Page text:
The more advanced iPad Air was first introduced in late 2013 as being "dramatically thinner, lighter and more powerful". However, after a second iteration was released a year later, in 2017 this iPad vanished into, well, thin air, only to be gently reintroduced last year. Like the new iPad, the third-generation iPad Air also has a larger screen, growing from 9.7 to 10.5 inches with a higher resolution of 2224 x 1668 pixels, but with a smaller surrounding bezel and maintaining a healthy depth and weight of just 0.24 inches and 456 grams. Based on the more powerful A12 Bionic (also with 3GB memory), the neoteric Air offers a perfect balance between performance, size and price. It's therefore the iPad most prospective users will likely choose if moths haven't raised families in your wallet.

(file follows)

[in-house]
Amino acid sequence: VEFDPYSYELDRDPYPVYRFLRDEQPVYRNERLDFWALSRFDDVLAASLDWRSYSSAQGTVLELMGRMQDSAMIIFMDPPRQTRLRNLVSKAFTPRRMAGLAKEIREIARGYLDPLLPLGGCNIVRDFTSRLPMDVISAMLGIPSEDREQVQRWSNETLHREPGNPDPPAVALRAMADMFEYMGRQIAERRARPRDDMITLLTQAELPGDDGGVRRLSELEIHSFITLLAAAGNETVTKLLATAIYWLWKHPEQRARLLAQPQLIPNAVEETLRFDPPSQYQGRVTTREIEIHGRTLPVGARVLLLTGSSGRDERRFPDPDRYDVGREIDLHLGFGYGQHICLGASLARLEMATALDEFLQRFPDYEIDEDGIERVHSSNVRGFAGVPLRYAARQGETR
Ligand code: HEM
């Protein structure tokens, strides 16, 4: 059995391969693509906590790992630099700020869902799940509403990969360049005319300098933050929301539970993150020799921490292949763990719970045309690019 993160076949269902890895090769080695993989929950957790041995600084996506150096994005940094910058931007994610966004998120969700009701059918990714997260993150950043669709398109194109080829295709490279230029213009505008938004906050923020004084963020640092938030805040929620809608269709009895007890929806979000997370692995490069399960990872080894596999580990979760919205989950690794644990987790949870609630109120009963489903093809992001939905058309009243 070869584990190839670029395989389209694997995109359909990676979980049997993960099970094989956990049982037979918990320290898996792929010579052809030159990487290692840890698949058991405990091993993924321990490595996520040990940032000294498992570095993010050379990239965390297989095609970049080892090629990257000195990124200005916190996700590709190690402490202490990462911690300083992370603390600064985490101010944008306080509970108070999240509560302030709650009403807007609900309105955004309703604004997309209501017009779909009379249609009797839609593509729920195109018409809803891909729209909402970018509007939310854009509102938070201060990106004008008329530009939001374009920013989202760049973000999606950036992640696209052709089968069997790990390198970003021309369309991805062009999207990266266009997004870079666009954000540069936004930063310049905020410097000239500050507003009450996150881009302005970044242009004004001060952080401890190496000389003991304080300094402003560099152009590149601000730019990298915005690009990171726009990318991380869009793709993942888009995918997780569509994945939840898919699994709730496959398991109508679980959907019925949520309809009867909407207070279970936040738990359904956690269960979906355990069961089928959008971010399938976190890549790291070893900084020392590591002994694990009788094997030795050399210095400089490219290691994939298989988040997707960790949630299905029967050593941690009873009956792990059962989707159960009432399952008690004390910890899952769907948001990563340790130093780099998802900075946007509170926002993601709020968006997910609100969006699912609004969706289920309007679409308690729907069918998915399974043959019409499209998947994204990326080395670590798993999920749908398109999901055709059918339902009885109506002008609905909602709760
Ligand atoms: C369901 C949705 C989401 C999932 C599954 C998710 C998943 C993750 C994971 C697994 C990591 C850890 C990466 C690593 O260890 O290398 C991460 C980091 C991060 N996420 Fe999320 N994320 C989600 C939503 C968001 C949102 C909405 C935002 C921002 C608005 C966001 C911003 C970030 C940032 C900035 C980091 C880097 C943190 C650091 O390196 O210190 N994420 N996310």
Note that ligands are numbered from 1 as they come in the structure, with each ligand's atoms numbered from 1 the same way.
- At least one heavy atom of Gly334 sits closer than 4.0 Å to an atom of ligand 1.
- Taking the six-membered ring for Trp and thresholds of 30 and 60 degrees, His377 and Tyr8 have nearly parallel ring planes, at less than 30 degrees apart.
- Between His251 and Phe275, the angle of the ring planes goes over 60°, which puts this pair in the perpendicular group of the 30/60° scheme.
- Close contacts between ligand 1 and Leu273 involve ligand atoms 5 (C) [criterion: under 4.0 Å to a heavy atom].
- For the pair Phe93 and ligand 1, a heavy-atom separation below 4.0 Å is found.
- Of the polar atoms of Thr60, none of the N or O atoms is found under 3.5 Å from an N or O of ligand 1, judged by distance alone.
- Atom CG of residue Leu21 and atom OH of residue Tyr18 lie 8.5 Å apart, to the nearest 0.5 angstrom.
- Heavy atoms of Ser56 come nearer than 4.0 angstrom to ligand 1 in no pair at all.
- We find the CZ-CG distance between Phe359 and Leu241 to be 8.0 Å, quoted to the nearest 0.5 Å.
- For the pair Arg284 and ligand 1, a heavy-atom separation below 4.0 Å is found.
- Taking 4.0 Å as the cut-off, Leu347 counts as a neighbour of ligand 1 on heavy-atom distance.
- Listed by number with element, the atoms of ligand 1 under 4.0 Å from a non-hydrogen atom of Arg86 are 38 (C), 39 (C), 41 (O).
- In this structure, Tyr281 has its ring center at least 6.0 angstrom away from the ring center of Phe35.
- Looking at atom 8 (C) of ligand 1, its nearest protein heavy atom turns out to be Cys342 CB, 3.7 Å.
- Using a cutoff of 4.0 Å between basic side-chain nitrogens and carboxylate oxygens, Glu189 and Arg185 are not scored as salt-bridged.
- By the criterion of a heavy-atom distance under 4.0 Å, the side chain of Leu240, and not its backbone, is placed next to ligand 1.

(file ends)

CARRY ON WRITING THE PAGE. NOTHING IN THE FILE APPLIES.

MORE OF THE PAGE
Accompanying the discreet announcement of the new iPad Air was a fifth-generation iPad mini, for those who prefer a more Lilliputian size. The original mini was unveiled at a Special Event on October 23th 2012, having essentially the same specifications as the iPad 2 but with a 7.9-inch display. This new model has similar internals to the latest Air, however, featuring an A12 and 3GB of memory. With a 2048 x 1536 resolution in a 5.3 x 8 x 0.24-inch form factor weighing just 300g, it's certainly a cute companion.